Blueberry Chutney

When people think of blueberries and New England, they often think of Maine wild blueberries; perhaps, as they should. It’s the stuff of legend, and in this case, food legend.

But don’t tell them Mainers (I absolutely adore Maine. I’d even live there and pay their asinine taxes) that we here in NH can grow our own decadent wild blueberries, and some kick-ass varieties of high-bush blueberries, as well. But likely in parts of Maine, high-bush is the equivalent of a nasty four letter word.

Blueberries don’t know borders. Just sayin’.

It’s blueberry season round these parts o’ the great state of NH, and I’m looking for anything that will use up LOADS of blueberries. Years ago (July 2008), I stumbled across this recipe for Wild NH Blueberry Chutney in NH Magazine, and it used up 4 whole cups of blueberries, so I was pretty sold on it from the word go.

As I read the recipe, though, I was saddened to note that this wasn’t a canning recipe; it was a store in the fridge kinda deal. But then I did some reading on acids and canning, and I thought Hmmmm, there’s enough vinegar and lemon juice in here so I canned a batch and took my chances with botulism and my own life. After a few months, I popped the lid, took a good whiff, my family ate the whole jar at dinner, and we are all alive – year after year that I make this – to tell you that you can indeed can this recipe. Just boil bath it for 10-15 minutes or save yourself the mess and do the baking method I’ve told you about in any number of my other jam recipes: Grapefruit Marmalade, Cranberry Marmalade, etc, etc (yes, those 2 etcs are other jamming recipes).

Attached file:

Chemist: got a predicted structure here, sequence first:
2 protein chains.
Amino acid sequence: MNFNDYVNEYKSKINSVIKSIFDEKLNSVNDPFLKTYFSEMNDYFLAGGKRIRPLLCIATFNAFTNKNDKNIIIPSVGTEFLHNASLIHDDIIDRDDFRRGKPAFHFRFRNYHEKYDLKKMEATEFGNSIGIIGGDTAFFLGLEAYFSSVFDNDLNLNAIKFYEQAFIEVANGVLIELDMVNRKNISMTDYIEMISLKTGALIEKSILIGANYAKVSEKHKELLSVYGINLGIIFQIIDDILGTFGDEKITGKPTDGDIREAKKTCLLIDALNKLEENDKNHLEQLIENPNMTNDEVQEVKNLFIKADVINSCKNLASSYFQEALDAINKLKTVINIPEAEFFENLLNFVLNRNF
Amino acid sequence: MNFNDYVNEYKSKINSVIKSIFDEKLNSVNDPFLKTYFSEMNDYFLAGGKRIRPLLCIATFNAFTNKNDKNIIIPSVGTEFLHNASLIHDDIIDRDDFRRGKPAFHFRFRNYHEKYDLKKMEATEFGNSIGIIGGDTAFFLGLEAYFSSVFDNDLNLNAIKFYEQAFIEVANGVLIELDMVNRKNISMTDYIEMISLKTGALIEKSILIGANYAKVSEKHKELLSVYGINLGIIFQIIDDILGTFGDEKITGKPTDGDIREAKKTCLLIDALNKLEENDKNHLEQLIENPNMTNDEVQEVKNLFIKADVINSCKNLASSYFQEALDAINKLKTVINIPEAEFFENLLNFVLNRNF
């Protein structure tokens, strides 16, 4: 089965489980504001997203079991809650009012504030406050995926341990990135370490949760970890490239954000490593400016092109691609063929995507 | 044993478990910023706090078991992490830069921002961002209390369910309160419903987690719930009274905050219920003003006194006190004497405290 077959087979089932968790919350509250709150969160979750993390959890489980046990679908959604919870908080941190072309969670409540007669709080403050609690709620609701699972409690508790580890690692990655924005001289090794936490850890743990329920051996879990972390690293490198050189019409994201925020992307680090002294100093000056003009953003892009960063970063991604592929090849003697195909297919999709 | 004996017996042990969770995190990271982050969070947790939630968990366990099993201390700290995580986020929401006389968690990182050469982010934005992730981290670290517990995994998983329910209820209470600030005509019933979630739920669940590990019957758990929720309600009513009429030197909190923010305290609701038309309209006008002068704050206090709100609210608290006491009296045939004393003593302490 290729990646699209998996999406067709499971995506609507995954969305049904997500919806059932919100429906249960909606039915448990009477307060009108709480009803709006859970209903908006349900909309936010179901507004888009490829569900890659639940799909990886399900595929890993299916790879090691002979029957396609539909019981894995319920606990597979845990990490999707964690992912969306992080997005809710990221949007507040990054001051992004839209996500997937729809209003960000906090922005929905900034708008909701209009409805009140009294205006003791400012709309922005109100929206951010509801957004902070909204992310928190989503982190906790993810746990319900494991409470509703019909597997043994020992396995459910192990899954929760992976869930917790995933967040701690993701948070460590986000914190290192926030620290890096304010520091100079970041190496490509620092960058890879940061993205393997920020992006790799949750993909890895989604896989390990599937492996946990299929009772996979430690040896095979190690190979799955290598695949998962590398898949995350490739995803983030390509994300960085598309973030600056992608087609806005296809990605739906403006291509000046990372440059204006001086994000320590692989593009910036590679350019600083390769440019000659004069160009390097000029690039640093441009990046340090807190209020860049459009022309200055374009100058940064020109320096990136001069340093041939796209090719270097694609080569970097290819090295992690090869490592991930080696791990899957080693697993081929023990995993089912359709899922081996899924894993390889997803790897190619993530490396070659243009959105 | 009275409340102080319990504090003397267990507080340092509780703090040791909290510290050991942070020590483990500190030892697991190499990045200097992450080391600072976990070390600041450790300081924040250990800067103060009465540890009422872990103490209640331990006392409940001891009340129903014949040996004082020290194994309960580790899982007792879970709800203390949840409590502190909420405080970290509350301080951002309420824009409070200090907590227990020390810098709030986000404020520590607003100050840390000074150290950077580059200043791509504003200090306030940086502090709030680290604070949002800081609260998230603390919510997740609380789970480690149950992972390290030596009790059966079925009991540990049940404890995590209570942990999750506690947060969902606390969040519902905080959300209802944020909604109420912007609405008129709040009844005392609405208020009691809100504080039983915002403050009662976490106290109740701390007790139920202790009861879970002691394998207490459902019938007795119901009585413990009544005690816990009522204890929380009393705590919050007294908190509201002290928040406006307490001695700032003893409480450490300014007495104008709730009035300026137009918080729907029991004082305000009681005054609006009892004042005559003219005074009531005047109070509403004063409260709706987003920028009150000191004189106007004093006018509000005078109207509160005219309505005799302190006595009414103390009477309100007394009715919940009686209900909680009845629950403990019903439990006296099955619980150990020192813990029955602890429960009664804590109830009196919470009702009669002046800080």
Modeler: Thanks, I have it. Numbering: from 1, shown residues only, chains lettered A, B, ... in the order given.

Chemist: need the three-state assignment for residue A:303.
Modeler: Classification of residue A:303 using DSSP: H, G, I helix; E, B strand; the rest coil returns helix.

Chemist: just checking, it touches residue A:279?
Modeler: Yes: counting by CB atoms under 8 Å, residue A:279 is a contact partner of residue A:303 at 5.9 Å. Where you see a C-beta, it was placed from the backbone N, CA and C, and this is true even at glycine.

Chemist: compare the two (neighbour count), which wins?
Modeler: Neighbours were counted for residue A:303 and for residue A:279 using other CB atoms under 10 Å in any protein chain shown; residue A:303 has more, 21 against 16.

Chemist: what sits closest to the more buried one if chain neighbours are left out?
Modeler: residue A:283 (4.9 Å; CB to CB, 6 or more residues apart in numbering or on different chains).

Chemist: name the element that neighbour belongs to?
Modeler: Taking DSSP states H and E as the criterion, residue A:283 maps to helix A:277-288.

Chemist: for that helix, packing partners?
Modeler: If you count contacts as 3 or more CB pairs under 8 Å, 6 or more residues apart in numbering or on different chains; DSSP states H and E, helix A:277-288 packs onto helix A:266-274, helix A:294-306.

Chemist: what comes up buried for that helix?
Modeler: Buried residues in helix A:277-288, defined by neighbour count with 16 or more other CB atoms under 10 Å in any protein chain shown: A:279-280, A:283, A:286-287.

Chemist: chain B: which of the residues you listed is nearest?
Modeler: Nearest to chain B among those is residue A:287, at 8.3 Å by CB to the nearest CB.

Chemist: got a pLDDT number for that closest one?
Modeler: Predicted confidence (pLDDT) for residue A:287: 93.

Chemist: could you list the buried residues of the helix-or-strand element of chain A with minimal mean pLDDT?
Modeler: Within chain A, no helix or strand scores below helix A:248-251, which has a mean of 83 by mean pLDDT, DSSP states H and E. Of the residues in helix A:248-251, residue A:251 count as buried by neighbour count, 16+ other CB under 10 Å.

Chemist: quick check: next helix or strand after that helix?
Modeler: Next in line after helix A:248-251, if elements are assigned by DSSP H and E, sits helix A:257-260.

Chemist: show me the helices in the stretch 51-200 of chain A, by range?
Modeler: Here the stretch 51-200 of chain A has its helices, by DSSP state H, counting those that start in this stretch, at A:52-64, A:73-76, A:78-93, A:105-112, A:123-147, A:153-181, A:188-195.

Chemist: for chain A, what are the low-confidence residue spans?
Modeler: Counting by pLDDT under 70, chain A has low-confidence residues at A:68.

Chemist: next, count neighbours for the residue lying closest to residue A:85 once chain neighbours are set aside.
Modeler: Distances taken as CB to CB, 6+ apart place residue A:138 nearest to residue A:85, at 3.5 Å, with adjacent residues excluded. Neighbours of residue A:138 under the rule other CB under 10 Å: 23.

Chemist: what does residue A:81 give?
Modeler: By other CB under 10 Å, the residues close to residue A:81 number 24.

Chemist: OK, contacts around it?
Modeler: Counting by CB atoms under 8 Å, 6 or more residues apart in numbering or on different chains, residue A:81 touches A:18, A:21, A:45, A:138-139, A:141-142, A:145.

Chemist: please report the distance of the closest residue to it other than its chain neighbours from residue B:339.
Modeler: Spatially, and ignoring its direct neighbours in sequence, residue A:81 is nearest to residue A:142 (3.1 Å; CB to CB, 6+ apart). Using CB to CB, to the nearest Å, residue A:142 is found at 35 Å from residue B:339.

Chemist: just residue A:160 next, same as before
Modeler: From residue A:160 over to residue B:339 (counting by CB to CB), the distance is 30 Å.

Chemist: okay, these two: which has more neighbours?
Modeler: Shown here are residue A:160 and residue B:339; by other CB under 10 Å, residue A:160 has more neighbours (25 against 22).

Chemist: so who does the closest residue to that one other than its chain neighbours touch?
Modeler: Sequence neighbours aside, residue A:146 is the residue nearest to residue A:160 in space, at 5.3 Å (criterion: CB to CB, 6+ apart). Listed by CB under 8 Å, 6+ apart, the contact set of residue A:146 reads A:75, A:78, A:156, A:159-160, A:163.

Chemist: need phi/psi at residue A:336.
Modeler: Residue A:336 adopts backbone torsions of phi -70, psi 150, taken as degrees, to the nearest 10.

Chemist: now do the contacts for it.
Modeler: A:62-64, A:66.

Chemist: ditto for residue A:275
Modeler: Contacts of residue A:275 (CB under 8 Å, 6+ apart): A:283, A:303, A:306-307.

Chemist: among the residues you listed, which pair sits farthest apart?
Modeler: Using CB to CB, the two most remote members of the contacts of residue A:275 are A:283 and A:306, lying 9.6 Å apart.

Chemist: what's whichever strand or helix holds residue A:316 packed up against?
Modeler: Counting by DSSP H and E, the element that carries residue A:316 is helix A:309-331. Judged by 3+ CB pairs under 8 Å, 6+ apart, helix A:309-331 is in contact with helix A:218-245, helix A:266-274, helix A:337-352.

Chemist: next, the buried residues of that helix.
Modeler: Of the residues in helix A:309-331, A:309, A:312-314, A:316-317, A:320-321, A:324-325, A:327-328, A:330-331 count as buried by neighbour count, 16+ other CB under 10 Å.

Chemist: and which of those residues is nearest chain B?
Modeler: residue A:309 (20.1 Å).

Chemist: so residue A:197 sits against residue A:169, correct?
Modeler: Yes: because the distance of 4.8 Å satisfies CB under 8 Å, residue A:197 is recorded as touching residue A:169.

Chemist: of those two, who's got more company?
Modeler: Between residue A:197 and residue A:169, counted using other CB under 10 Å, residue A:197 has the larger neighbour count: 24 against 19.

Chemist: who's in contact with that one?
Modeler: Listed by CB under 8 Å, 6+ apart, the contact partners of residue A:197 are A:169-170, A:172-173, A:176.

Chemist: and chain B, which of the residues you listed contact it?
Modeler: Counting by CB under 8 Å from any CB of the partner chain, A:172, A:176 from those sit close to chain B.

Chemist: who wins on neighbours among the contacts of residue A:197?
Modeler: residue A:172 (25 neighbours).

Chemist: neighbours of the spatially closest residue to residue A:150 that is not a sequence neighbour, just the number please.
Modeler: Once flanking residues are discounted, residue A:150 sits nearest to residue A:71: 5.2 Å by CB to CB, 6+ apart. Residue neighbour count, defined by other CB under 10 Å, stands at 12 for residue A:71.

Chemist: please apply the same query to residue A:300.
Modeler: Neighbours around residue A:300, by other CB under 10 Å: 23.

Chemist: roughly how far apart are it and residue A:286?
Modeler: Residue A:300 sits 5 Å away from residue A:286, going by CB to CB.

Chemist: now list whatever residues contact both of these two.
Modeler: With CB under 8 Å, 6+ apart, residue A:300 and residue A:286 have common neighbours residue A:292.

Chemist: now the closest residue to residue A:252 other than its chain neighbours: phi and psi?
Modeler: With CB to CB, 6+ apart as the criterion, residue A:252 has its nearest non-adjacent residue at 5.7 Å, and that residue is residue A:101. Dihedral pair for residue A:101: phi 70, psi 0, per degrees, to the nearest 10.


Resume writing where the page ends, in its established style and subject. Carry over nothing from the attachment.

We can also argue the finer points wild vs cultivated blueberries, I am also here to tell you this recipe is delicious made with all cultivated high-bush NH blueberries. No one has ever said, OMG, I cannot believe you didn’t make this with Maine wild blueberries. I can sooooo taste the difference with these wretched NH high-bush balls of yick.

Pretty sure all I’ve ever heard was simply YYYUUUUUMMMM or OMG, you’re the absolute best! I LOVE THIS STUFF (and, of course, me, by proxy because I made this jar of goodness).

Here’s the recipe  from Chef Steve James, who is a Certified Master Baker and managing partner with Popovers on the Square in Portsmouth – or at least he was in July of 2008 when this story ran.

Wild N.H. Blueberry Chutney

(or cultivated high-bush. No judgement)

  • 4 cups wild N.H. blueberries. Or cultivated high bush. I don’t judge.
  • 2 cups brown sugar
  • 3/4 cup apple cider vinegar
  • 1 cup minced onions
  • juice from 1 lemon
  • 1 teaspoon grated fresh ginger
  • red pepper flakes optional
  1. Combine all ingredients in a heavy-bottom pot and slowly bring to a simmer.
  2. Let simmer for about 50 minutes and store in glass jars.

The chutney will keep about 2 weeks in the refrigerator. Believe me, it won’t be around that long once you get a taste of this.

My Thoughts After Making & Canning:

Let me continue with the instructions from above: